Last night, as patron of the Defence National Rehabilitation Centre (DNRC), the Duke of Cambridge attended a black-tie gala in support of the new centre.
Held at the Imperial War Museum and organised by the City Veterans’ Network, Prince William joined the other guests in the £300 million initiative to create one of the top centre’s for injured members of the Armed Forces. The Prince pulled full patron duties, even greeting the other guests on the red carpet.
The project was first started by the late Duke of Westminster, but the DNRC is funded by charitable donations. Speaking to the 300 guests at the third annual gala before dinner, Prince William remembered the Duke of Westminster as a “dedicated reservist”.
He added on: “In his closing days as a senior reservist, he saw the terrible price paid by some of the men and women of our armed forces when injured serving the nation.
“He wanted to ensure that these men and women received the very best clinical help to get them on their journey back into work and into life beyond injury.
“Gerald resolved to do something about it and in typical fashion, he launched this remarkable initiative himself.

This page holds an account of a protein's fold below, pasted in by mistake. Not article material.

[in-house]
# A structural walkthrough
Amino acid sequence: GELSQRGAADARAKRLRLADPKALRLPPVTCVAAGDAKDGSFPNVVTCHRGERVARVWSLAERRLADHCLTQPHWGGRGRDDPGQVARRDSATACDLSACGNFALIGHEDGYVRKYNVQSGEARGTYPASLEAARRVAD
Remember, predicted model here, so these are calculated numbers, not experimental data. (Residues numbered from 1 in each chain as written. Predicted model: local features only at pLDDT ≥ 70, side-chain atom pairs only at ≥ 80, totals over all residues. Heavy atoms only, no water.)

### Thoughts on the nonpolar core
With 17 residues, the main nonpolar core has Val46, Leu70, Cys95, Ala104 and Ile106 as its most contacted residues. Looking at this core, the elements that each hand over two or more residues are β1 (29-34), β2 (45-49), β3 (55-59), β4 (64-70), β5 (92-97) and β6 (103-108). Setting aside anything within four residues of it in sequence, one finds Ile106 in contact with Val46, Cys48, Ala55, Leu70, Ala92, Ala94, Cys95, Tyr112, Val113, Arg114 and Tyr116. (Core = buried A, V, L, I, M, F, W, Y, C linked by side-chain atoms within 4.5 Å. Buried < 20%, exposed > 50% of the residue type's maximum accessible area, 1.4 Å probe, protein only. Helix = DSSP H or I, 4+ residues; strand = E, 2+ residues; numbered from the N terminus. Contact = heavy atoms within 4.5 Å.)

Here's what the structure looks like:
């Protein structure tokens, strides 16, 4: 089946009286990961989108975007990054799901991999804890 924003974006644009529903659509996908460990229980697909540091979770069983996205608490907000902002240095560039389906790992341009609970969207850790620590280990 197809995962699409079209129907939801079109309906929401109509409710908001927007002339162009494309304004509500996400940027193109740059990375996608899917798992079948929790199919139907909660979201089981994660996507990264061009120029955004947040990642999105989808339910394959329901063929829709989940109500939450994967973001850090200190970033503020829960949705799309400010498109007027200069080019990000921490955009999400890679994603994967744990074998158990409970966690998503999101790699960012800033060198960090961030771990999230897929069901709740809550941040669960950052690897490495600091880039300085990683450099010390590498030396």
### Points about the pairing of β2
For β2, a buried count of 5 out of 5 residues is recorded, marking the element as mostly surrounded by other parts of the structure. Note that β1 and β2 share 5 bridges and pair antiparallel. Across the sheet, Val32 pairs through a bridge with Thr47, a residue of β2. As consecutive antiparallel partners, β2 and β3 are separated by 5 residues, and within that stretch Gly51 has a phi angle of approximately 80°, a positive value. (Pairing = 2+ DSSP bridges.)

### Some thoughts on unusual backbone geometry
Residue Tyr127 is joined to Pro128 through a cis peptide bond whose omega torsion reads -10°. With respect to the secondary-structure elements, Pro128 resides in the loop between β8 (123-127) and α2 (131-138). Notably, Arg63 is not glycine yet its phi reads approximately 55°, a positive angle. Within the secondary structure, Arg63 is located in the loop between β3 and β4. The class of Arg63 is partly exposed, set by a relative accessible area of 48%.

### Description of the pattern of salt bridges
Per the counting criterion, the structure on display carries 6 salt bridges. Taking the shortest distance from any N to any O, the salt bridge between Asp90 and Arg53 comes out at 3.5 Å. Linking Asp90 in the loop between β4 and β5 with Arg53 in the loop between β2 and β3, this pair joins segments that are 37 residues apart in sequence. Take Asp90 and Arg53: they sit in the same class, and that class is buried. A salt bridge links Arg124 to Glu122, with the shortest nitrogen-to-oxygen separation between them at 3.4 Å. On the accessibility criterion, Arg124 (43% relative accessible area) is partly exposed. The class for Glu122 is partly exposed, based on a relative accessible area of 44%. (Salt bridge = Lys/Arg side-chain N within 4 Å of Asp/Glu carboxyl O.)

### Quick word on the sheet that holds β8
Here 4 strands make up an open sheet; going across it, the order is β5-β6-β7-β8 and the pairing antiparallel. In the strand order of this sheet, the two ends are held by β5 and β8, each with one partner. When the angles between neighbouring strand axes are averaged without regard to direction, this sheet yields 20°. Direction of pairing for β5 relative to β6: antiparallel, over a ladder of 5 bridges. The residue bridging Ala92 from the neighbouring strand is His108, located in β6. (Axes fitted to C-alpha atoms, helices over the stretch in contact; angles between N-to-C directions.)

“With a personal gift of £50 million, he made the first step towards building what will become a 21st-century version of Headley Court.”
The Duke of Cambridge also found a way to bring up his son, Prince George to the attendees mostly from the financial sector.
“I have been repeatedly impressed by both the speed and ambitious scale of this endeavour,” he said.
“I was present at the end of 2014 when the first building was demolished to make way for the new construction.
“George was very envious as I got to drive a digger.”
The MoD expects the centre to be open at Stanford Hall, near Loughborough. It will be four times of Headley Court and will provide “pioneering treatments.”